HeLa cells and human keratinocytes were infected at an MOI of 5 and allowed to incubate for 6 hours. Cell lysates were prepared by standard methods and analyzed by Western blots probed with antibodies specific to the phosphorylated forms of PKR (Cell Signaling), eIF2α (Cell Signaling), and IRF3 (Epitomic), or to the internal control, GAPDH (Abcam).

For human peripheral blood mononuclear cells (PBMCs), phospho-protein levels present in extracts of cells infected with different recombinant viruses were measured simultaneously by Cytometric Bead Array (CBA) using an LSR II flow cytometer (Becton Dickinson). In CBA technology, different bead populations with distinct fluorescence intensities had been coated with capturing antibodies specific for different analytes. These bead populations could be resolved in the fluorescence channels of the flow cytometer. After the beads had been incubated with 50 µl of sample, different analytes in the sample were captured by their corresponding beads. The protein captured beads were then mixed with phycoerythrin-conjugated detection antibodies to form sandwich complexes. Following incubation, washing and acquisition of fluorescence data, the results were generated in graphical format using the BD CBA software. The concentrations of total and phospho STAT1 were measured simultaneously using the Cell Signaling Master Buffer Kit (BD Biosciences Pharmingen, CA, USA; Cat. No. 558223). For this CBA analysis, 4×106 PBMCs were mock-infected or infected at an MOI of 5 with wtNYVAC, NYVAC-C, NYVAC-C-KC, NYVAC-C-ΔB19R or NYVAC-C-KC-ΔB19R. At 4 hours post-infection, cells were removed by pipetting, centrifuged at room temperature for 5 minutes at 3000 rpm, supernatants discarded and cellular pellet resuspended in lysis buffer (Cell Signaling 10×) containing phosphatase inhibitors. After an incubation of 15 minutes at 4 C, cells were centrifuged at room temperature for 5 minutes at 13,000 rpm and supernatants transferred to new tubes. Denaturation Buffer was added and solution was mixed and denatured for 5 minutes at 100 C. Protein content in samples was measured with a bicinchoninic protein assay reagent kit (Pierce Co., Rockford, IL) and CBA analysis was performed according to manufacturer's recommendations.

Transcriptional analysis

Ex vivo derived plasmacytoid dendritic cells (pDc, [8]) and myeloid dendritic cells (mDC, [8]) were infected with 0.1 MOI of NYVAC-C, NYVAC-C-KC, NYVAC-C-ΔB8RΔB19R and NYVAC-C-KC-ΔB8RΔB19R for 6 hours. Cells were then harvested for RNA extraction and gene array analysis. Gene array analysis was performed on BeadChips using the Illumina platform.

RNA extraction, amplification, hybridization, and scanning were performed as described previously [9]. Briefly, total RNA was purified from sorted dendritic cells using RNA extraction kits (Qiagen). RNA was quantified and assessed for quality using a spectrophotometer (NanoDrop Technologies). Total RNA was then amplified by incorporating biotin using the Illumina Total Prep RNA Amplification kit, which is based on the Eberwine amplification protocol. The biotinylated cRNA was hybridized onto Illumina Human RefSeq-8 V3 BeadChips (PBMC samples, [8]) at 58 C for 20 hours and quantified using an Illumina BeadStation 500GX scanner and Illumina BeadScan software.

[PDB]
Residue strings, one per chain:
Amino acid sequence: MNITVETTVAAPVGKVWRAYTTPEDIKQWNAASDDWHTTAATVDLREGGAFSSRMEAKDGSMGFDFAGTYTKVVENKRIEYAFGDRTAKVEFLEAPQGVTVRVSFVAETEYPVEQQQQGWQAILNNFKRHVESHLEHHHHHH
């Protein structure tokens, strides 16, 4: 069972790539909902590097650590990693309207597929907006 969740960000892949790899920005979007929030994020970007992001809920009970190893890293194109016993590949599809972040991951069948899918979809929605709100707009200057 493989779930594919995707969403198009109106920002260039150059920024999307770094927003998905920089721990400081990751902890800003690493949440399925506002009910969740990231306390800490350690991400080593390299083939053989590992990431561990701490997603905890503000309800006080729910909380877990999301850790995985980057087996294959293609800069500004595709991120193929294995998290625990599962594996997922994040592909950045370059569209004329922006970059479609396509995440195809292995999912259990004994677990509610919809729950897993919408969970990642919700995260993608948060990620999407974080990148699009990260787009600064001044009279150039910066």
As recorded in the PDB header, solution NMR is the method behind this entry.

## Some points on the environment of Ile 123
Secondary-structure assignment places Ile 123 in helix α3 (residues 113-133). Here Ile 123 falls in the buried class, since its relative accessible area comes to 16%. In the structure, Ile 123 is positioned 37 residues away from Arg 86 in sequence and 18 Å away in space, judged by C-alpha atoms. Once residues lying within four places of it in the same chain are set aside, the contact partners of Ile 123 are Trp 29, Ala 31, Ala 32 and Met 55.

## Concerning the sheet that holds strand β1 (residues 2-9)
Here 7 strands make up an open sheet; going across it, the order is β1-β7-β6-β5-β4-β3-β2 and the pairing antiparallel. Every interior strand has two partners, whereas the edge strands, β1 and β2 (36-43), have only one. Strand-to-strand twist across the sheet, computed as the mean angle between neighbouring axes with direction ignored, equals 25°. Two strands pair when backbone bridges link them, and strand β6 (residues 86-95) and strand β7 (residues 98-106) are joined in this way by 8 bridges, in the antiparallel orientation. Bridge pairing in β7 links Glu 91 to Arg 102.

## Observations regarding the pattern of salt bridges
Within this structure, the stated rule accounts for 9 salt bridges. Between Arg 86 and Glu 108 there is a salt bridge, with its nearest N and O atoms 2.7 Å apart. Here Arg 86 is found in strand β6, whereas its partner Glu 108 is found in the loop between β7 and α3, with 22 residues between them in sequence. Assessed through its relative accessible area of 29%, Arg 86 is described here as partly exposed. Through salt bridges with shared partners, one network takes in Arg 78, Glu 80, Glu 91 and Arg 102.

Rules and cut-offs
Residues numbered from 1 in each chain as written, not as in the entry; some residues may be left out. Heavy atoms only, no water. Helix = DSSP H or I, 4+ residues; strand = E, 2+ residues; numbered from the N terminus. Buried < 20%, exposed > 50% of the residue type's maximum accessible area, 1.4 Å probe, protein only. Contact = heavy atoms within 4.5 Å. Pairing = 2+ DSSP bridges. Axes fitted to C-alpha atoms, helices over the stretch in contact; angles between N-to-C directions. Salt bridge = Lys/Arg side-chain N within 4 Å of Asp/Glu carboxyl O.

Gene array analysis: scanned raw data was screened and inspected for quality. Genes with intensities below background in all samples were removed and then minimum-replaced (a surrogate-replacement policy) using the mean background value of the built-in Illumina probe controls. Normalization of chips was done by quantile-normalization.

Gene expression data was analyzed using the R software package. Genes are filtered by detection call and by variance filters to allow a reduction in the number of tests and a corresponding increase in power of the differential gene expression analysis [10]. The resulting matrix was log2 transformed and used as input for linear modeling using Bioconductor's limma package, which estimates the fold-change between predefined groups by fitting a linear model and using an empirical Bayes method to moderate standard errors of the estimated log-fold changes for expression values from each gene. P value from the resulting comparison was set to 0.05 in this analysis. Determination of commonly and uniquely regulated genes is based solely on the nominal p values and fold change.

All data is MIAME compliant and the raw data has been deposited in a MIAME compliant database.

Measurement of apoptotic cell death by cell cycle analysis

The different stages of cell cycle and the percentage of cells with subG0 DNA content were analyzed by propidium iodide (PI) staining. Briefly, HeLa cells were mock-infected or infected at an MOI of 5 with NYVAC-C, NYVAC-C-KC, NYVAC-C-ΔB19R or NYVAC-C-KC-ΔB19R. At 24 hours post-infection, cells were centrifuged at room temperature for 10 minutes at 2000 rpm and supernatants discarded. Pellets were resuspended in detergent lysis buffer and cells stained with PI. After an incubation of 30 minutes at 37 C in the dark, the percentage of cells with hypodiploid DNA content was determined using an LSR II flow cytometer (Becton Dickinson). The results are expressed as fold increase in apoptotic cells with respect to uninfected cells.

Pathogenicity in newborn mice